“Nature Has Fixed No Limits On Our Hope”

I’ll be honest: I can be a little rough on people, and myself most of all.

It’s hard for me not to take rejection to heart, although I fully recognize that it is an important part of life and something that I must accept as part of the price of admission to any chance at opportunity.

Knowing that, I have always found the strength to proceed in so many areas of my life knowing that while rejection is likely—and painful—that it is so often fleeting in its real impact on our lives (unless we make it otherwise) that the best thing I can do is persist. Life can be hard, of course; I recognize that I should take a lesson in that and often I do.

Still, nobody likes the sting of being passed over, or forgotten, or ignored, or outright denied. For me—and I’ve never asked anyone else what it’s like because talking about negative feelings can so often feel taboo—it’s like a geyser-jet of focused shame and pain and that hot feeling you get right before you cry blasted full frontal.

Boy, do I hate it.

It’s hard not to take it personally. It’s hard not to feel like the bad things that happen, the heartbreaking news, the idea that you aren’t the right fit for where you think you want to be is a failure or a reflection of your worth.

Logically speaking, more often than not, the fact is that some things just don’t align. Logically speaking, that’s fine.

But we’re not always logical creatures. To be certain, I know that I’m not. I’m immensely emotional. It’s a fact about myself that I try (and often fail) to conceal, hiding behind a glib remark, or a racy joke, or a wry tweet to distract from the idea that I might feel something other than the veneered confidence it sometimes feels we’re contractually obligated (by who?) to project at all times. I’d like to do less of that, because I think there’s a lot of wisdom to be found in navigating your feelings in earnest rather than trying to twist yourself around them.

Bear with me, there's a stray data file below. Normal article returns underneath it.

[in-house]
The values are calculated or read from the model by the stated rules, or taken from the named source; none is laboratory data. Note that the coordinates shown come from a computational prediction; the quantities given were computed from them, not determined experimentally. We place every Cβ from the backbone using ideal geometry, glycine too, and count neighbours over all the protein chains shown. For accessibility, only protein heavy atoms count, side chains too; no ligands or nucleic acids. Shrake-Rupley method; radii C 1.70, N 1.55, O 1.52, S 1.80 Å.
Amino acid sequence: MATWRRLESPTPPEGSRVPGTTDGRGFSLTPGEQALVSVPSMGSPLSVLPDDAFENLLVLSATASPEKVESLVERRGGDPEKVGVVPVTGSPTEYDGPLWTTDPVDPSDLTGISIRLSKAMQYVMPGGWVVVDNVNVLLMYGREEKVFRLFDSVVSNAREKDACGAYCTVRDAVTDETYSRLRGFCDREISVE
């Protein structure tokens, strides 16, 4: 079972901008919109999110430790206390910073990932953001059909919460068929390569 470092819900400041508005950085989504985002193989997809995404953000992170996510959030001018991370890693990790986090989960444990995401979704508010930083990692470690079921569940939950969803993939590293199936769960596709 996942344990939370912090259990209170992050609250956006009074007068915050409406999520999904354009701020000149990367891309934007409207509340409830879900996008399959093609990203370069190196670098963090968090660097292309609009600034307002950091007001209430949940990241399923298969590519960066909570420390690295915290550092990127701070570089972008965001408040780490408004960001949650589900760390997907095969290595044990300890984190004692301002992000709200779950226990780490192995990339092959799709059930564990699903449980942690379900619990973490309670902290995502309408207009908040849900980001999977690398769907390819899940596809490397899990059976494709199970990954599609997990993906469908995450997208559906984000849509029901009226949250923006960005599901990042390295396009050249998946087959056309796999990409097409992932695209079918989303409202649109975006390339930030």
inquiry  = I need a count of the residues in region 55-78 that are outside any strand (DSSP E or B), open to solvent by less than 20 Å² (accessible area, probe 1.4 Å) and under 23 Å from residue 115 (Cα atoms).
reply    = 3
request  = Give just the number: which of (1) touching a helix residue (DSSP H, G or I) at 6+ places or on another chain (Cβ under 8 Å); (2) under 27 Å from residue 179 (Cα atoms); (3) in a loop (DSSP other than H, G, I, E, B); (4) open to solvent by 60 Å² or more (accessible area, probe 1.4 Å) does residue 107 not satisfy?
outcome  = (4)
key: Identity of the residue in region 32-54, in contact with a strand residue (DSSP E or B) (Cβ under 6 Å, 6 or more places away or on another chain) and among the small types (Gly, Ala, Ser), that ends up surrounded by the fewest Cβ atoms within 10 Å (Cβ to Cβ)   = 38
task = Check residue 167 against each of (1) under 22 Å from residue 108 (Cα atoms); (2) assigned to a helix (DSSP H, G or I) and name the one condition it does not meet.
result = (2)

As spring unfolds beautifully before us this year, I am trying to take a lesson from nature itself. Life moves in cycles. Sometimes things are warm and pleasant and lively, and you can’t wait to be in the throes of springtime joy. Other times, a cold front blows in, and you’d rather hide out in the dark and gather your strength until you’re ready to walk in the light again. Sometimes, you bloom. Other times, you’ve got to go dormant to survive life’s storms—mastering the timing as best as you can to ensure your survival as new seasons approach.

There have been so many times in my life where my timing and the season of life I was in did not agree with one other. I found that almost unbearable. As I grow older and wiser, however, I find that I can more readily accept when things don’t quite work out on my own time. I can understand it better when I need to wait my turn or otherwise visit another climate. It isn’t so important to take it personally. Nature—human nature and the broader ecologies we navigate alike—can be unpredictable at times, but it is in that unpredictable space that wonder is so often found.

It is in that unknown space—in that wonder—that I am reminded of life’s great beauty. I may not always understand it, but I can appreciate that I am a part of something whose vastness always has something interesting and meaningful to teach me if I’m willing to look and listen.

2 Replies to ““Nature Has Fixed No Limits On Our Hope””

    1. Hi Nina! I am extremely sensitive and emotional myself, though I *also* endeavor to be very controlling of that part of myself. I needed the reminder just as much as anyone else, and am happy that you got something from it. It’s totally OK, in my view, to be sensitive. I think, ultimately, what’s important is what you learn from yourself in those moments when you listen to your heart with compassion and patience.


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